[It seemed like a good idea at the time?]
from an article in yesterday's New York Times about dating a prehistoric campsite in Texas containing pre-Clovis artifacts (before this dig no one knew there had been pre-Clovis anything) --
Given the lack of sufficient organic material buried around the tools, the radiocarbon dating method was useless. Instead, earth scientists at the University of Illinois, Chicago, used a newer technique known as optically stimulated luminescence. This measures light energy trapped in minerals to reveal how long ago the soil was last exposed to sunlight.
Quite apart from the stunning revelation that there have been people in North America longer than anyone thought, is the 'oh-by-the-way' mention of the new technology used to date it.
Optically stimulated luminescence is hugely important for all the stuff it can be used for directly, and just as important for confirming and refining dates found by other means like radio-carbon dating, uranium dating, tree rings, oxygen isotope dating, ice cores and seabottom ooze dating, and the venerable suite-of-fossils dating, every one of which has serious limitations. Optically stimulated luminescence is potentially huge for the dating of practically anything and everything. Our understanding of the history of everything that has happened in the past many thousands of years is about take a huge leap forward. Wikipedia says it can be used to date things buried between 300 and 100,000 years ago.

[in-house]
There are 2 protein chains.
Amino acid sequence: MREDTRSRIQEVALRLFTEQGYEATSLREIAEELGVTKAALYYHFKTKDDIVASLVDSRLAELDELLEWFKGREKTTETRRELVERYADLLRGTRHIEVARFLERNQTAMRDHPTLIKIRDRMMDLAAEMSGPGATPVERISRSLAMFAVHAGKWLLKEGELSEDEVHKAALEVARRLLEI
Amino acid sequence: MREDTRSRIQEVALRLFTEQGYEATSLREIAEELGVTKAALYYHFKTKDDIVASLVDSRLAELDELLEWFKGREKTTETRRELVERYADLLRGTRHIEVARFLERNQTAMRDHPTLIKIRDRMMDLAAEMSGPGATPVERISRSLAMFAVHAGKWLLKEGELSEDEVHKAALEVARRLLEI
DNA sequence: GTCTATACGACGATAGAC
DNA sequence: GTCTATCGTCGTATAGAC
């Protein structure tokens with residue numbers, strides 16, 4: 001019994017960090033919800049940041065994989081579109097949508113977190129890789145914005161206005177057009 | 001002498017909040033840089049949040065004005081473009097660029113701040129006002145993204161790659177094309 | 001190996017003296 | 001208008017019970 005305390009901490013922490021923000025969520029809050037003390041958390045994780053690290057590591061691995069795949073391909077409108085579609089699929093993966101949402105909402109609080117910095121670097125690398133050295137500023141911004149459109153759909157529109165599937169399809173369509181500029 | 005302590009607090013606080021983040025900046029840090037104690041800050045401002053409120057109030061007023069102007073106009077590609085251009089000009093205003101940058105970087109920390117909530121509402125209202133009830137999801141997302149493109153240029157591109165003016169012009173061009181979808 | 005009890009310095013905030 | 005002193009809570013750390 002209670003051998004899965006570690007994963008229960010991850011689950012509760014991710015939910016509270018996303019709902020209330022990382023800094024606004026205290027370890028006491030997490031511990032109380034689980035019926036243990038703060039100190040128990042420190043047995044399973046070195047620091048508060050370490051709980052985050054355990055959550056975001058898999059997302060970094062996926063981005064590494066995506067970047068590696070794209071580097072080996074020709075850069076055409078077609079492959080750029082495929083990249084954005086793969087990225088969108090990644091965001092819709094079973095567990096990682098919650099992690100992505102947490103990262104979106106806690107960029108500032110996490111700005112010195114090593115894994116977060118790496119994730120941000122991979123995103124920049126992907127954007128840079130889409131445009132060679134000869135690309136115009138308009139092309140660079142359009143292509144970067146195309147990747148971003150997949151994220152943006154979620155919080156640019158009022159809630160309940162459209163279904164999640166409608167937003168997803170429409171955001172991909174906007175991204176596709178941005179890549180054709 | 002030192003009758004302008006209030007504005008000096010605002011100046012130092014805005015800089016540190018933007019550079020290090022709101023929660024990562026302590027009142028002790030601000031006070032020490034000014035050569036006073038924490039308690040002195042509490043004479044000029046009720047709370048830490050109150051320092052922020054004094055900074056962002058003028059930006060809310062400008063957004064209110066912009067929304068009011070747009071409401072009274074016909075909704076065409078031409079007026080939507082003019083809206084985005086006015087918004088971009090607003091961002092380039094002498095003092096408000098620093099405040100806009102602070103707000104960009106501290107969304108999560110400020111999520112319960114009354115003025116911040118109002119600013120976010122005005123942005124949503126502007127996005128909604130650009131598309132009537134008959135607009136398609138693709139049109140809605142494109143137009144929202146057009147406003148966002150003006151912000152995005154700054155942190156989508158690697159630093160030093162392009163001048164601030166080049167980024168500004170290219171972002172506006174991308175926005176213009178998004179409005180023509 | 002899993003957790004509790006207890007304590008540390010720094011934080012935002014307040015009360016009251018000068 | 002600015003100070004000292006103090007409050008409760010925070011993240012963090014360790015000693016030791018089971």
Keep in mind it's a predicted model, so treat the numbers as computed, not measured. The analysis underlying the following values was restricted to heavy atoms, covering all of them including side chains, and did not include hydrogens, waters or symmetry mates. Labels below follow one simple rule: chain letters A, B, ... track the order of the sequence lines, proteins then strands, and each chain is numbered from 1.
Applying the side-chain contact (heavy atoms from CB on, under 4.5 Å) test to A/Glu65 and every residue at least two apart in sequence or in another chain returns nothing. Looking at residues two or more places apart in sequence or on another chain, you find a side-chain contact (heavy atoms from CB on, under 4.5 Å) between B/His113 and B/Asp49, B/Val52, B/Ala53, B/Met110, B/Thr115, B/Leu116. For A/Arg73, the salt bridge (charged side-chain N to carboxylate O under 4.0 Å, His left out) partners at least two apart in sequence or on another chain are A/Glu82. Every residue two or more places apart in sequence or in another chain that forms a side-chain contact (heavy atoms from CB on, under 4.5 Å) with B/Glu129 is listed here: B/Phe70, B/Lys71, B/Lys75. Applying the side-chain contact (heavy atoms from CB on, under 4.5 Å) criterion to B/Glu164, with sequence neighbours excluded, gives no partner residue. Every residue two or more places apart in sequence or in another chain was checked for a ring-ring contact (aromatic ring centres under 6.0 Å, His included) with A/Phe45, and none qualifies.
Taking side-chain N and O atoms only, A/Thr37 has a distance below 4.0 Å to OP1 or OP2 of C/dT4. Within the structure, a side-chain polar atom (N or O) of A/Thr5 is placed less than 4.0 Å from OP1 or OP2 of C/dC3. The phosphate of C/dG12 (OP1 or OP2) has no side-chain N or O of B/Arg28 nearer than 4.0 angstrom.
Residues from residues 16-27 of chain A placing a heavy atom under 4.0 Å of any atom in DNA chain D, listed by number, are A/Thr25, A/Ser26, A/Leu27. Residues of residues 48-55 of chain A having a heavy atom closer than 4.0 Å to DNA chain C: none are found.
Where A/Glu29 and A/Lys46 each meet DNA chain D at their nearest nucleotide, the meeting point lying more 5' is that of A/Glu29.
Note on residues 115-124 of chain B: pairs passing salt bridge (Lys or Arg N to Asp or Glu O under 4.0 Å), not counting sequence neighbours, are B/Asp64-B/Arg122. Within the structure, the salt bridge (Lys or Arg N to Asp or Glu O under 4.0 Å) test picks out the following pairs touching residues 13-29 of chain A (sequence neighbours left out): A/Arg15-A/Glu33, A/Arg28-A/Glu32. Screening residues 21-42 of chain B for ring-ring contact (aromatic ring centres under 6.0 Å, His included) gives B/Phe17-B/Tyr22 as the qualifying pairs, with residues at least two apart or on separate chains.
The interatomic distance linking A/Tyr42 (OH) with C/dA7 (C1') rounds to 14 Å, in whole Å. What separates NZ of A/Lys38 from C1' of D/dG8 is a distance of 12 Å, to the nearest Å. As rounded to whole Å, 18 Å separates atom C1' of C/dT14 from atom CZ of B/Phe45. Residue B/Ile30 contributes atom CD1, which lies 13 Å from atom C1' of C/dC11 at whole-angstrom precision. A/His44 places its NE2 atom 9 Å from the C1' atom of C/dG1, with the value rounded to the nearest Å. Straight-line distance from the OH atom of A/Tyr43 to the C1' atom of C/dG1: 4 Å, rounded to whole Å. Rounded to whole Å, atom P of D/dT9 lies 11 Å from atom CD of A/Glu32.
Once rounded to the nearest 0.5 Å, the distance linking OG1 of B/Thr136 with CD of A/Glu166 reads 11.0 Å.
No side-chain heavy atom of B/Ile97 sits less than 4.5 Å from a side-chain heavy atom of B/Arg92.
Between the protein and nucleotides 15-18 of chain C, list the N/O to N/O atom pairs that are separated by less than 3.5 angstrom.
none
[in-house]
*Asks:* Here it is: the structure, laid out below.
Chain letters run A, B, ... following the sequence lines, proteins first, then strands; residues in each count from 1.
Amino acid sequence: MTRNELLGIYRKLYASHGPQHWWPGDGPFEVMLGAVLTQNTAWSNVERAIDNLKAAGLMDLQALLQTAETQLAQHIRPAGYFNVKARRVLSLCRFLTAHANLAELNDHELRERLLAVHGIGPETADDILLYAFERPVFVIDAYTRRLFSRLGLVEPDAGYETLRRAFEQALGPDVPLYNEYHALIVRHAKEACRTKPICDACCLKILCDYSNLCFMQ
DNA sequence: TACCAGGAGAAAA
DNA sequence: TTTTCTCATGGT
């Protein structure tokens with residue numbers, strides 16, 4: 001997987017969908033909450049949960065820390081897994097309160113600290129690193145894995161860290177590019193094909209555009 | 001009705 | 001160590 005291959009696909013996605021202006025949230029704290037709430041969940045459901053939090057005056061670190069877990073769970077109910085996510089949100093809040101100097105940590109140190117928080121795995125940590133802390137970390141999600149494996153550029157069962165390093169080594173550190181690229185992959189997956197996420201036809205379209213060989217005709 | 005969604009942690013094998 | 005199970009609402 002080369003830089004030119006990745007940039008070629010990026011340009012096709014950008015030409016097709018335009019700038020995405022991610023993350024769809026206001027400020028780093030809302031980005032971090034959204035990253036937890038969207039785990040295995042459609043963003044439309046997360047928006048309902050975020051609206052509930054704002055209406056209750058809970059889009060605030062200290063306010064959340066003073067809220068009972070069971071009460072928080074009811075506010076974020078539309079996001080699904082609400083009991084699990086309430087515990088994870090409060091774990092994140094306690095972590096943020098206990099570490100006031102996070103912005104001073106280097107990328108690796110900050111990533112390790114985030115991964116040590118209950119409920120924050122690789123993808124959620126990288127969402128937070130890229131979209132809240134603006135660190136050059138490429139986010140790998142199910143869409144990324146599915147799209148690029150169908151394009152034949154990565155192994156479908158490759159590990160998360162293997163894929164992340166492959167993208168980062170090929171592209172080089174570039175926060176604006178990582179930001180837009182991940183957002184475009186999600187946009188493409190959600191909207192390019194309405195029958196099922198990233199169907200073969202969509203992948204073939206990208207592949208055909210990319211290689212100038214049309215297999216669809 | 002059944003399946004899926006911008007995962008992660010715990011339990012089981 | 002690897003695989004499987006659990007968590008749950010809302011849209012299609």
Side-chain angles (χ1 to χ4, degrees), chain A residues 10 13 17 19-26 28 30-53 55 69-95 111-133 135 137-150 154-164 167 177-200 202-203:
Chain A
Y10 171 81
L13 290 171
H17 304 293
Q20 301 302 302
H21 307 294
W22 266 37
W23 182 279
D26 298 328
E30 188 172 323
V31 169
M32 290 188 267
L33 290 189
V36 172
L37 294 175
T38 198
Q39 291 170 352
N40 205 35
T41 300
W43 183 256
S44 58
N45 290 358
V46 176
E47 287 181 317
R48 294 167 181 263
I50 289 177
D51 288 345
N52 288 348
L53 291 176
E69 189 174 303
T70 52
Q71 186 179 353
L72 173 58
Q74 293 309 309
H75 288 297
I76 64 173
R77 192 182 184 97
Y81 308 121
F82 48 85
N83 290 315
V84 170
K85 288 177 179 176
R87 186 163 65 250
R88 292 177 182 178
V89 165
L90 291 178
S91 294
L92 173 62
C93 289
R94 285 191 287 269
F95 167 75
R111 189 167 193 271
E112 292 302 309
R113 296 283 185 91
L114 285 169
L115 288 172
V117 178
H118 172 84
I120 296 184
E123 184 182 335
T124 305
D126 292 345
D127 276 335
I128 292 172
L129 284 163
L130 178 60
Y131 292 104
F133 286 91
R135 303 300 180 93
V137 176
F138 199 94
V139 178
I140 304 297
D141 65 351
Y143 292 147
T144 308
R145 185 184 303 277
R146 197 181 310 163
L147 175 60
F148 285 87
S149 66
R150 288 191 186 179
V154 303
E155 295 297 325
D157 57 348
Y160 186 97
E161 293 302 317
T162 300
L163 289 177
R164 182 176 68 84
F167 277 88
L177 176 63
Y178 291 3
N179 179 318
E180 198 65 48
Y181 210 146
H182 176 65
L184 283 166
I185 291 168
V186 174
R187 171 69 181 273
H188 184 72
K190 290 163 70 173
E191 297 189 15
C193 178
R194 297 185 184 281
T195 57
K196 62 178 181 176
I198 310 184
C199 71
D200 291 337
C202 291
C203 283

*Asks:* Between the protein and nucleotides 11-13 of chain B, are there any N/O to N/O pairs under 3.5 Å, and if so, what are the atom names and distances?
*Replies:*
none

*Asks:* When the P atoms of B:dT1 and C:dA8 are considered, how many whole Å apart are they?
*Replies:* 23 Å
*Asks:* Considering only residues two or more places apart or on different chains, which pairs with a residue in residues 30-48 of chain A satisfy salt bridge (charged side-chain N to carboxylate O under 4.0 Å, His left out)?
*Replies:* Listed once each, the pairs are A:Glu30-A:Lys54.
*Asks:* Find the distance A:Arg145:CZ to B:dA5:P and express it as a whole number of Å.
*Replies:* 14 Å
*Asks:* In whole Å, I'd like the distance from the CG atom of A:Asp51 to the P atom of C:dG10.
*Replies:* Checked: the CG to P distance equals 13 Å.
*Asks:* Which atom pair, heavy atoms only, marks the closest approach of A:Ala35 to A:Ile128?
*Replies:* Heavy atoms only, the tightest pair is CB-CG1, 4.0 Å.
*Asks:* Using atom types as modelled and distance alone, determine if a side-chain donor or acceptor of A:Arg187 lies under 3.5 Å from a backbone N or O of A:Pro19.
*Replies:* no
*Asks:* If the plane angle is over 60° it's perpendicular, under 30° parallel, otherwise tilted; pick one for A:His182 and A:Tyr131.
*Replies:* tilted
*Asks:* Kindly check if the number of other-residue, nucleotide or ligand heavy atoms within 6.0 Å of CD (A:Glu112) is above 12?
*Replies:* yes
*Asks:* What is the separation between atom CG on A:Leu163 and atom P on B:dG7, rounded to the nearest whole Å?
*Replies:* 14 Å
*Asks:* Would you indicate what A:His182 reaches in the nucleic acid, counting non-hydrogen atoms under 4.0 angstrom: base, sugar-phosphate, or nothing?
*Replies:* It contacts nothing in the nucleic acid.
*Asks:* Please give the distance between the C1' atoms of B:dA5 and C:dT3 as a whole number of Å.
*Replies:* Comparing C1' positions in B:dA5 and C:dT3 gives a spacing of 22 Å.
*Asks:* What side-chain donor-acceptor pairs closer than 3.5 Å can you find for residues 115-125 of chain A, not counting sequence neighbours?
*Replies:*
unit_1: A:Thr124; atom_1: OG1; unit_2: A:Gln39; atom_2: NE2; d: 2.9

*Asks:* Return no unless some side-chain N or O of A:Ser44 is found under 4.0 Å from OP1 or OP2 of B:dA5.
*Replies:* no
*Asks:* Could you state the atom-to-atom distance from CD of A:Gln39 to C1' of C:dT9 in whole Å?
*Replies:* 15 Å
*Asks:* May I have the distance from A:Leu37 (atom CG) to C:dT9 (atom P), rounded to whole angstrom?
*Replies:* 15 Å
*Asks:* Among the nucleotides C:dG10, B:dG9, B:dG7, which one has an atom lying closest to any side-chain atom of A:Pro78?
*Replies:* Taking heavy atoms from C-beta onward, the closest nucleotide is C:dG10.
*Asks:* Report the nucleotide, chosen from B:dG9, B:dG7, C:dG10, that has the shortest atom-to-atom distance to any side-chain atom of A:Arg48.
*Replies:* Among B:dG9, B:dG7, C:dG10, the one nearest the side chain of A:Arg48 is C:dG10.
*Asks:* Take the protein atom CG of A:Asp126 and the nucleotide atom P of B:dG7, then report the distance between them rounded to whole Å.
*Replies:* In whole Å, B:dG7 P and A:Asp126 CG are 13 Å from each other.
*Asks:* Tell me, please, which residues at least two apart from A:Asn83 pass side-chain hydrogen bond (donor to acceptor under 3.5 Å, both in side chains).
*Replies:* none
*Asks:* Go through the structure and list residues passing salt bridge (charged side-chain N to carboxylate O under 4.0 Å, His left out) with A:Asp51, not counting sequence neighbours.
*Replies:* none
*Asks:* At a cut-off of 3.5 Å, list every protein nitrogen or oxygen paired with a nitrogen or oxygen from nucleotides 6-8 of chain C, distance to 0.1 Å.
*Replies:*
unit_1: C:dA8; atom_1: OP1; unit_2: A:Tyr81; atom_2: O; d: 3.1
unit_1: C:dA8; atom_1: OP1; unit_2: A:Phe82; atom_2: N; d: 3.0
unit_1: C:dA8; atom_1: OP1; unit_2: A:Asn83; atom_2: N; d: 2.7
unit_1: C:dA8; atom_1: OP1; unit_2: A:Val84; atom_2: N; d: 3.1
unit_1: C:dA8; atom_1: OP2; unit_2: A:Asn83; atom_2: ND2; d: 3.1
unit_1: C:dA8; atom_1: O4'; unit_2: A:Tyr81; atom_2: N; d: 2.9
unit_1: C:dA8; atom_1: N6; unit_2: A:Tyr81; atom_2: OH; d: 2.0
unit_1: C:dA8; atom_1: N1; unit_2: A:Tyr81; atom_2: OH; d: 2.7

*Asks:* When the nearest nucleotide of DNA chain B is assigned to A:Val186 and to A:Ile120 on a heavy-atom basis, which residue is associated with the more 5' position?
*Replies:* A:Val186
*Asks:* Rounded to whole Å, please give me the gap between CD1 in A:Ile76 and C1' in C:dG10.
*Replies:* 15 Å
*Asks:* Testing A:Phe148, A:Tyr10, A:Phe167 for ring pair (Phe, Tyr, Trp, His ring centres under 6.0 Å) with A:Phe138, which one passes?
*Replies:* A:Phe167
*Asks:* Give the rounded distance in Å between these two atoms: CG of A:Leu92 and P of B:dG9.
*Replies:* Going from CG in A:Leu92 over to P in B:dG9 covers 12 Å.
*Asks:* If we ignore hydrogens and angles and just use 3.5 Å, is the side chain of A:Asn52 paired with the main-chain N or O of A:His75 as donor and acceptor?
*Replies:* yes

With their usual acumen the Times didn't think to mention it except in passing.